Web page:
Ever since my childhood, I thought that the Lord might be calling me to the priesthood. My family was very close to my childhood pastor, and I remember him coming to Friday night football games with us. I think too often people believe priests are distant, but they, like any of us, come from families and have hobbies and interests. Luckily, I was shown at a young age that the priesthood was something that I could actually do. I remember being surprised in learning that my childhood pastor was the “boss” of the parish. A boss to me was someone who was demanding and powerful, but this priest was gentle and humble. He had a selfless attitude that I wished to imitate. I would play pretend Mass and count down the days when I would get to receive the Holy Eucharist. And as I grew up and my prayer life increased, so too did the call.

However, when I got to high school, the priesthood was something that I did not at all want to think about. I was no longer a child, and I wanted to have a career that would bring prestige. Although I still felt the Lord calling me to be his priest, I had made up my mind that I would be a lawyer, and on top of that, I couldn’t imagine a life without a family. By my Confirmation year, it was all settled. I chose St. Thomas More to be my Confirmation saint because he had many prestigious accomplishments as a politician and lawyer and was a devoted father. After my Confirmation, though, St. Thomas taught me something even more valuable. God’s will is better than my own.

A martyr during the Protestant Reformation, St. Thomas was beheaded by King Henry VIII, who was pressuring him to renounce the Catholic Church and recognize the Church of England and Henry VIII as its head. It would have been easy for St. Thomas to compromise his values, agree with the King, and move on with the dreams and the plans he had for his own life, but he chose not to. The Fortitude which St. Thomas displayed in his martyrdom is the same Fortitude that I would receive as one of the Seven Gifts of the Holy Spirit in Confirmation. The Holy Spirit taught me just as St. Thomas had the courage to give up his life for the sake of God, so too could I give up the plans of my life for His sake. To make a long story short, after Confirmation the Holy Spirit gave me the courage to follow God’s will for my life. The next year I would apply to seminary.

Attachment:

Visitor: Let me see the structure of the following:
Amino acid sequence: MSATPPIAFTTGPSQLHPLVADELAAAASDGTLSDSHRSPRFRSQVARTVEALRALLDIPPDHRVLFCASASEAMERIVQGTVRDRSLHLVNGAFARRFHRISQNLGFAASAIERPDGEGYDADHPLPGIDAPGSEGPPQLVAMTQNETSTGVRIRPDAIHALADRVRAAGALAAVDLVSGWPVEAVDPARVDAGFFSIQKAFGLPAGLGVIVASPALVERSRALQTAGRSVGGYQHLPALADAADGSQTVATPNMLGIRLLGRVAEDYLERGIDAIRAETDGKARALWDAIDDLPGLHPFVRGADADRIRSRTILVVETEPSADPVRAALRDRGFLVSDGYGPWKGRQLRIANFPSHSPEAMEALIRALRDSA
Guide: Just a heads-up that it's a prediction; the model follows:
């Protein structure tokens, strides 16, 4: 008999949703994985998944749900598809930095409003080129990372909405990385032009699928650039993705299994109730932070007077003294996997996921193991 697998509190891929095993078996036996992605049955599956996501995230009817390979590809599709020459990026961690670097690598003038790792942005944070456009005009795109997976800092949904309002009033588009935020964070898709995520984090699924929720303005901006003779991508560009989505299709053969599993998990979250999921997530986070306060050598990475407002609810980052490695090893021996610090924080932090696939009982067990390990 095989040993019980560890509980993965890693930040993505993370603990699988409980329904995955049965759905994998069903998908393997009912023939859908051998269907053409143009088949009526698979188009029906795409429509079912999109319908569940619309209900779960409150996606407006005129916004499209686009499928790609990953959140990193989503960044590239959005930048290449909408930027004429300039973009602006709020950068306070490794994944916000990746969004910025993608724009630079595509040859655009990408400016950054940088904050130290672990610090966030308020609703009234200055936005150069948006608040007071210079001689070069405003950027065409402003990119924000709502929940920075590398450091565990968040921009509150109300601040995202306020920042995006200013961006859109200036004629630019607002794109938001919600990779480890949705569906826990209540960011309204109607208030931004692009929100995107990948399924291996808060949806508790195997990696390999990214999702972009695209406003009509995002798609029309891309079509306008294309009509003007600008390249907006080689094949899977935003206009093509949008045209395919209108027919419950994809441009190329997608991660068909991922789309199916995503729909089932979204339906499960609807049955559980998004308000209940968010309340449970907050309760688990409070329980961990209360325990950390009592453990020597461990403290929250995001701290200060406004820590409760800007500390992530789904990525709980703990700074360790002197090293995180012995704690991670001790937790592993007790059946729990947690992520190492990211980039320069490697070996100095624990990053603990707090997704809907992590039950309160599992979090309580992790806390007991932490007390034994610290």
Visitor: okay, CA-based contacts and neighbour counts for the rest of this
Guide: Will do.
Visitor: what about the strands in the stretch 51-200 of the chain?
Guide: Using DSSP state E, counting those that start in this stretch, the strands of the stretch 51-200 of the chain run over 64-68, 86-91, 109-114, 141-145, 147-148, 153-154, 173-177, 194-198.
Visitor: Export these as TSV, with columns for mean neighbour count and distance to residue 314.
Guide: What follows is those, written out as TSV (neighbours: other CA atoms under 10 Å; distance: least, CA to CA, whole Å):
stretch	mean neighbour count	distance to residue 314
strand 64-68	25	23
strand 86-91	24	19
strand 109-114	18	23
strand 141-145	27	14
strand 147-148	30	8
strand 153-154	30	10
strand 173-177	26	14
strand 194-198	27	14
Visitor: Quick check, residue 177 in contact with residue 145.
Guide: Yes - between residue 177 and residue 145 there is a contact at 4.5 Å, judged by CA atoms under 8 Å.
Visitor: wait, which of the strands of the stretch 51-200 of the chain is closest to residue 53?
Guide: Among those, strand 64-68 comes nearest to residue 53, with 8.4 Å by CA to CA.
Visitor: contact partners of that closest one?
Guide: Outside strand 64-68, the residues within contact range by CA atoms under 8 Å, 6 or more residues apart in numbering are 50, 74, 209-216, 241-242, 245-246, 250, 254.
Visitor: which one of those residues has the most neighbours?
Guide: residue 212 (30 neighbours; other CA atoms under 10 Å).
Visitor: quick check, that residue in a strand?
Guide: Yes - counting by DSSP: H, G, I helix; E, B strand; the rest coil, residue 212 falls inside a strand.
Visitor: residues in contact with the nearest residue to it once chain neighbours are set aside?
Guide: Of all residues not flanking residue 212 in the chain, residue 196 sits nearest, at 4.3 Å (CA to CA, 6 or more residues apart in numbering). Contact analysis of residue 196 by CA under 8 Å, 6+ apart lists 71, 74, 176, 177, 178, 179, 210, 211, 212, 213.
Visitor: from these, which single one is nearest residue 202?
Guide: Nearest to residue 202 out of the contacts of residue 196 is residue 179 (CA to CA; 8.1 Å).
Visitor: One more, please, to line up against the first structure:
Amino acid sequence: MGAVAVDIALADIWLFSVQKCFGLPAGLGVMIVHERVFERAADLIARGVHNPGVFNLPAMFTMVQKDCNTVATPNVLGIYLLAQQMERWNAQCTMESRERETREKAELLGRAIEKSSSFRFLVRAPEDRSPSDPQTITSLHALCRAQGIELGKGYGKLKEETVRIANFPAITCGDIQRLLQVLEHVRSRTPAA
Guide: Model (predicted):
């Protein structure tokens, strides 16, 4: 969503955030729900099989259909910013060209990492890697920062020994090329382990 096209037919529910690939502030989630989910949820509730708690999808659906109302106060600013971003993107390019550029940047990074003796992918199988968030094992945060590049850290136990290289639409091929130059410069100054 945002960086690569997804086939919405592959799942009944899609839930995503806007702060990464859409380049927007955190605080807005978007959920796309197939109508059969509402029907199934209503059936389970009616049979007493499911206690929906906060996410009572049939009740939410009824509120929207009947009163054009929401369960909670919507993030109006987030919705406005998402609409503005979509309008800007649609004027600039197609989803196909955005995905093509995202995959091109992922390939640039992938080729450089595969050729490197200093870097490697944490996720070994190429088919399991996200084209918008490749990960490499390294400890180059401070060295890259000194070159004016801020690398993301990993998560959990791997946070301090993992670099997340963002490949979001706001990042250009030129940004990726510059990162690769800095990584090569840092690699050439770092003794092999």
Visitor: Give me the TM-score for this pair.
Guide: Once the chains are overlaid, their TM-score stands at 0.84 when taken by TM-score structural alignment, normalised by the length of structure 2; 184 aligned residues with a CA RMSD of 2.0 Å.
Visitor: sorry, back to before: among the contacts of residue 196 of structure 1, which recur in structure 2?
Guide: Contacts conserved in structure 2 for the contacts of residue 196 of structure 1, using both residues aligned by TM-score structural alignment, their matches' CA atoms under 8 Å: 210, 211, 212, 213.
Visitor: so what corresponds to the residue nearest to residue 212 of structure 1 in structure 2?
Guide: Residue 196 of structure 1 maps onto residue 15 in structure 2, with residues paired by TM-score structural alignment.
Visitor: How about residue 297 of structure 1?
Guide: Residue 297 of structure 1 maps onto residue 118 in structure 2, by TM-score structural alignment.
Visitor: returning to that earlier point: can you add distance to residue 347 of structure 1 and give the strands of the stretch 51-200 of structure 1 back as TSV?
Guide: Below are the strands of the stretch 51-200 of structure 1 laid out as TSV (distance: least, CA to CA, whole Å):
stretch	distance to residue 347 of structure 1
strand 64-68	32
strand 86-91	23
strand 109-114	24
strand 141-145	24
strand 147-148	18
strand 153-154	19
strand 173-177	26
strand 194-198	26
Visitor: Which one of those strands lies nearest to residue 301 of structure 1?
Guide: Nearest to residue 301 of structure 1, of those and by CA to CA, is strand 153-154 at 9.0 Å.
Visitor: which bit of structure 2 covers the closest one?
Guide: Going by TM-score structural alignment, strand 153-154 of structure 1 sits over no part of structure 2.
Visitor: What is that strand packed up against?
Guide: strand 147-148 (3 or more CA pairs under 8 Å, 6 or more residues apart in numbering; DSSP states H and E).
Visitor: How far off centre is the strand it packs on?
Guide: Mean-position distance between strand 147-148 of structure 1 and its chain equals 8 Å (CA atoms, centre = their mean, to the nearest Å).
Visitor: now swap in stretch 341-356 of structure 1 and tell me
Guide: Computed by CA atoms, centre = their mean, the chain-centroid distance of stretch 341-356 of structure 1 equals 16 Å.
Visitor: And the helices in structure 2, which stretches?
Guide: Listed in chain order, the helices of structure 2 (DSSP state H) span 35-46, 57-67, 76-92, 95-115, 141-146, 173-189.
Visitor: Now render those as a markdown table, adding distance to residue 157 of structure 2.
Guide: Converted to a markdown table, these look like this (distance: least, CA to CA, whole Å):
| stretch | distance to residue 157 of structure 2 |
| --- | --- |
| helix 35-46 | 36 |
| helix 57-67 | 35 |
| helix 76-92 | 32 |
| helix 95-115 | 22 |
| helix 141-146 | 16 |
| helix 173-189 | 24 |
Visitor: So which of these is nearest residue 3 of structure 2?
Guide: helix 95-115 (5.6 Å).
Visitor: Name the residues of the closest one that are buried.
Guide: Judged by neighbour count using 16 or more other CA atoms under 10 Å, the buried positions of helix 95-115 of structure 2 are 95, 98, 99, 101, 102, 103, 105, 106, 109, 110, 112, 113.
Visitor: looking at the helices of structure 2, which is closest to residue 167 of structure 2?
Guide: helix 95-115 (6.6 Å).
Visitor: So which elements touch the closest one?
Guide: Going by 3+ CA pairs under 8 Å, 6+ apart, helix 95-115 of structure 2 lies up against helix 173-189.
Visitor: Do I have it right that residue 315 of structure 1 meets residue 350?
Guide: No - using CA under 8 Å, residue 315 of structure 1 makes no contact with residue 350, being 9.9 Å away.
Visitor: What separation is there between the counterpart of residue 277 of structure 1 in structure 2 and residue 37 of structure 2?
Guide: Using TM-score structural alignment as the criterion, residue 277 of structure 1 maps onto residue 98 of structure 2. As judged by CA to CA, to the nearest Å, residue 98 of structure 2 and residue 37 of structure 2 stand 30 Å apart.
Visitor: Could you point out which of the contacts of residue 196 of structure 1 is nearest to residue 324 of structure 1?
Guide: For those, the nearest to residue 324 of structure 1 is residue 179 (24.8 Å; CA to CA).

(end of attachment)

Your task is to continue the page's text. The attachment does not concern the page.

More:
The Gift of Fortitude gave me the confidence to do what I thought could not be possible. I knew that it would be a great blessing having a wife and children and that I could do a lot of good in the world as a lawyer, but that was not my desire. My childhood pastor’s attitude of selflessness, the courageous example of St. Thomas More, and the power of the Holy Spirit gave me the confidence to let go of the fears that were holding me back and to trust in God’s will. 

The Seven Gifts of the Holy Spirit are the vehicles for us to navigate the mature Christian life. Wisdom, Understanding, Counsel, Knowledge, Piety, Fear of the Lord, and Fortitude are sealed in us at Confirmation, but we receive them first when we are baptized. Therefore, these Gifts are within every baptized Christian’s ability to access. I encourage you to ask the Holy Spirit to give you what you need. You can even find a spiritual companion among the saints, who exhibit these Gifts in their life as examples for you. Being a Christian is not easy, but when we see the heroes that have come before us and what the Holy Spirit is capable of within us, we can start to do things we thought were never possible.

Written by: Alec January, seminarian of the Diocese of Lake Charles